Zebra, camel and other non-native animals grazing near Old Mendon Road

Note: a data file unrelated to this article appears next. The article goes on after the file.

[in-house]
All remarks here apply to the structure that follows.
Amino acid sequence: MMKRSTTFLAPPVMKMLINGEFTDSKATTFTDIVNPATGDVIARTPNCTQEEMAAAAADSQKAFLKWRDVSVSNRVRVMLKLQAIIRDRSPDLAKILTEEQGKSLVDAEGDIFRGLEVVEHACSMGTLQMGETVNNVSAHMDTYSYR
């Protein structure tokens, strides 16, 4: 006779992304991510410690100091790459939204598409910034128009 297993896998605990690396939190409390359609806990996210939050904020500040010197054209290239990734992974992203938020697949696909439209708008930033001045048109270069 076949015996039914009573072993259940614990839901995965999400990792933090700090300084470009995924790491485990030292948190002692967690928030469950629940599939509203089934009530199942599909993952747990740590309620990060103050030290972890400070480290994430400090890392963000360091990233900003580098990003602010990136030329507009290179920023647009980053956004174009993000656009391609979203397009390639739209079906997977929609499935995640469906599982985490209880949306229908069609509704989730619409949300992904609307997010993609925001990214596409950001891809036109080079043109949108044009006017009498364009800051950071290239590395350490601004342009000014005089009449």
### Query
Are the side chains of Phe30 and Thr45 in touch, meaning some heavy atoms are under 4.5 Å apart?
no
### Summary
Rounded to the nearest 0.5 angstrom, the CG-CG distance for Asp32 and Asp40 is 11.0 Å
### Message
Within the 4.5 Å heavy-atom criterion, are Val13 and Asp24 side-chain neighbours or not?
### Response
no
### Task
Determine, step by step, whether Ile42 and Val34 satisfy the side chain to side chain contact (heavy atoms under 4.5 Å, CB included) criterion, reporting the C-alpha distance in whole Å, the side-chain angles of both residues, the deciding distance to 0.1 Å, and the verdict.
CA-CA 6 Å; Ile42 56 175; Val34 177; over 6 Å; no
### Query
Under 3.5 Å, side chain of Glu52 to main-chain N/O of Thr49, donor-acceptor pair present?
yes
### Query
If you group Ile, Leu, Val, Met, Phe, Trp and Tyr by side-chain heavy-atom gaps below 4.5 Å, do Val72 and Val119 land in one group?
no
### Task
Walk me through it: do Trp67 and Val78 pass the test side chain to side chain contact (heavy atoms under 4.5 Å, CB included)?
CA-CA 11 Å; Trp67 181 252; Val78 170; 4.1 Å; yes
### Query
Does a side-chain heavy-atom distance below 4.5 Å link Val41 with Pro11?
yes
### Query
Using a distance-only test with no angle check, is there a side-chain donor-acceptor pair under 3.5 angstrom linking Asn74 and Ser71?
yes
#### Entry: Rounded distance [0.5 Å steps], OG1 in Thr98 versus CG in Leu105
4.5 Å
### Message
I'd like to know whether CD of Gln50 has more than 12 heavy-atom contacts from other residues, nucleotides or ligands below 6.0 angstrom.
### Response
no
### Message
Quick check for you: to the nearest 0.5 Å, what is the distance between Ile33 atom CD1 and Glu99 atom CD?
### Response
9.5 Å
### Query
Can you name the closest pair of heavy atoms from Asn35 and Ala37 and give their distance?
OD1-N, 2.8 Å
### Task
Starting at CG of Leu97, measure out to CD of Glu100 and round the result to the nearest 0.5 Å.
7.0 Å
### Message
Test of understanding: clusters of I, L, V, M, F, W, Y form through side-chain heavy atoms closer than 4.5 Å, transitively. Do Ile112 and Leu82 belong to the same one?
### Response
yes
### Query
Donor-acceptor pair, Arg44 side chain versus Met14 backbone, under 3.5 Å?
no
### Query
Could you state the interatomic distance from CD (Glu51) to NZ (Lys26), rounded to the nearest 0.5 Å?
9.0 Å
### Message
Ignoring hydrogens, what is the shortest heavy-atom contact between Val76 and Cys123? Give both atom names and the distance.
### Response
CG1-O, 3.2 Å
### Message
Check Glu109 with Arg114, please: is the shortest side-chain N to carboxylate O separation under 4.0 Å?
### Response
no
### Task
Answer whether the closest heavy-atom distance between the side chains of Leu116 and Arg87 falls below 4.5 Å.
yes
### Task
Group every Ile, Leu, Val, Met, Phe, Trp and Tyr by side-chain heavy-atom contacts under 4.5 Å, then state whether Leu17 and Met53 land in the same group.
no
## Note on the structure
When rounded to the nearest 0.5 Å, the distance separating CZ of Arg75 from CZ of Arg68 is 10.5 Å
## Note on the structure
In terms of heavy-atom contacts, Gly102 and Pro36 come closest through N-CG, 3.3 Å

Mendon – The Old Mendon Road is never a dull drive with beautiful trees, farm houses and horses. But now drivers will have to do a double-take when they see a zebra, a zonkey (half donkey, half zebra), a miniature donkey and a camel amidst 25 horses out to pasture. Bradley Tolman, owner of Tolman Legacy Ranch LLC in Mendon, has recently been putting the group of non-native animals out to pasture, which is visible from the Old Mendon Road. His 80-mother cows would not cross the icy field to eat the hay he’d spread in the field. Not wanting the feed to go to waste, he put out the 25 horses and their animal buddies who are gladly eating the hay, Tolman said. Curious on-lookers and photo-opportunists have been taking in the zoo-like experience, creating a whole new water-cooler conversation this week. Melissa Keller, a Logan resident, said she heard about the animals and took her 5-year-old son, Miah, to see them. “It is so fun to take my son to see animals up-close that we only ever see in books or at the zoo,” Keller said. This is the first time the group of animals has been out where people can see them from the Old Mendon Road, Tolman said. “We like to see how happy the animals make other people,” Tolman said. “We are as about as weird as our animals, but they do make people really happy. And that makes us happy.” Tolman said he’s had the camel, named Moses, for 5 or 6 years. It is a dromedary camel, meaning it has one hump. Moses does not get too cold in the snowy winters of Cache Valley, Tolman said, because he has 3-inch thick woolly hair. “He is probably the warmest animal on the farm,” Tolman said. According to Animal Bytes on seaworld.org, dromedary camels are native to the Middle East and northern Africa. They can weigh up to 1,500 pounds and live for up to 50 years. Moses, however, was born in Colorado, Tolman said. Tolman takes his donkeys, including miniature donkey named Jethro, to live nativity scenes and decided he wanted a camel to go along with them. He was looking to rent a camel for the nativity but could not find one, so he traded a horse for Moses to a lady in Colorado who raises the camels. “Moses has been in parades and nativities and just loves to let people love on him all day long,” Tolman said. “He is so spoiled and loves to hang his head over fences to let people maul on him.” How does little Jethro, a miniature donkey, get along with such big animals? Pretty well. “Jethro thinks he is 12-feet tall and bulletproof,” Tolman said. “He doesn’t let anybody push him around; he thinks he’s a little man.” A few years after Tolman got Moses the same woman from Colorado called Tolman. She was in a bind and needed to sell her zonkey, named Zeb. Tolman said he couldn’t pass up the good deal and jumped on it. The zonkey, according to a-z-animals.com, is the offspring of a male zebra and a female donkey. The zonkey cannot breed although the parents belong to the horse family, which makes the cross-mating possible. The zonkey is extremely rare in the wild but zoos have been able to successfully breed the animal. Zeb the zonkey has striped fur on his legs and a mono color coat on top. He’s been part of the family for three years and now has a brother, of sorts, a full-bred zebra who still needs a name, Tolman said. The zebra is horse-like in that he will eat out of grain bucket, but won’t let a halter be put on him. Also, he has hair and hooves like a horse and gets along fine in the winter. “All the animals get along great, although the camel has not been castrated so he can be a bully,” Tolman said. “But the field is big enough the other animals can get away from him. When the horses were first introduced to the camel they thought he was a monster that was going to eat them and Moses chased them around for the first few days.” Among the unusual mix of animals is also a llama which Tolman ‘babysits’ for a friend as well as a couple of full-sized donkeys and 80-mother cows Tolman owns. “We know they create excitement in the community and people must think ‘What kind of crazy people would own them?'” Tolman said. “But we’re opportunists and if another unusual animal came along we’d probably jump on it.” Tolman and his family have lived in Cache Valley for 12 years. The family moved from Layton to live on the Mendon property on which they built a home and barn for the animals. “I’ve always been interested in animals,” Tolman said. “We use a sleigh or wagon to feed the draft horses in the winter. They are just part of the family. We couldn’t ever sell them. We love them too much.”

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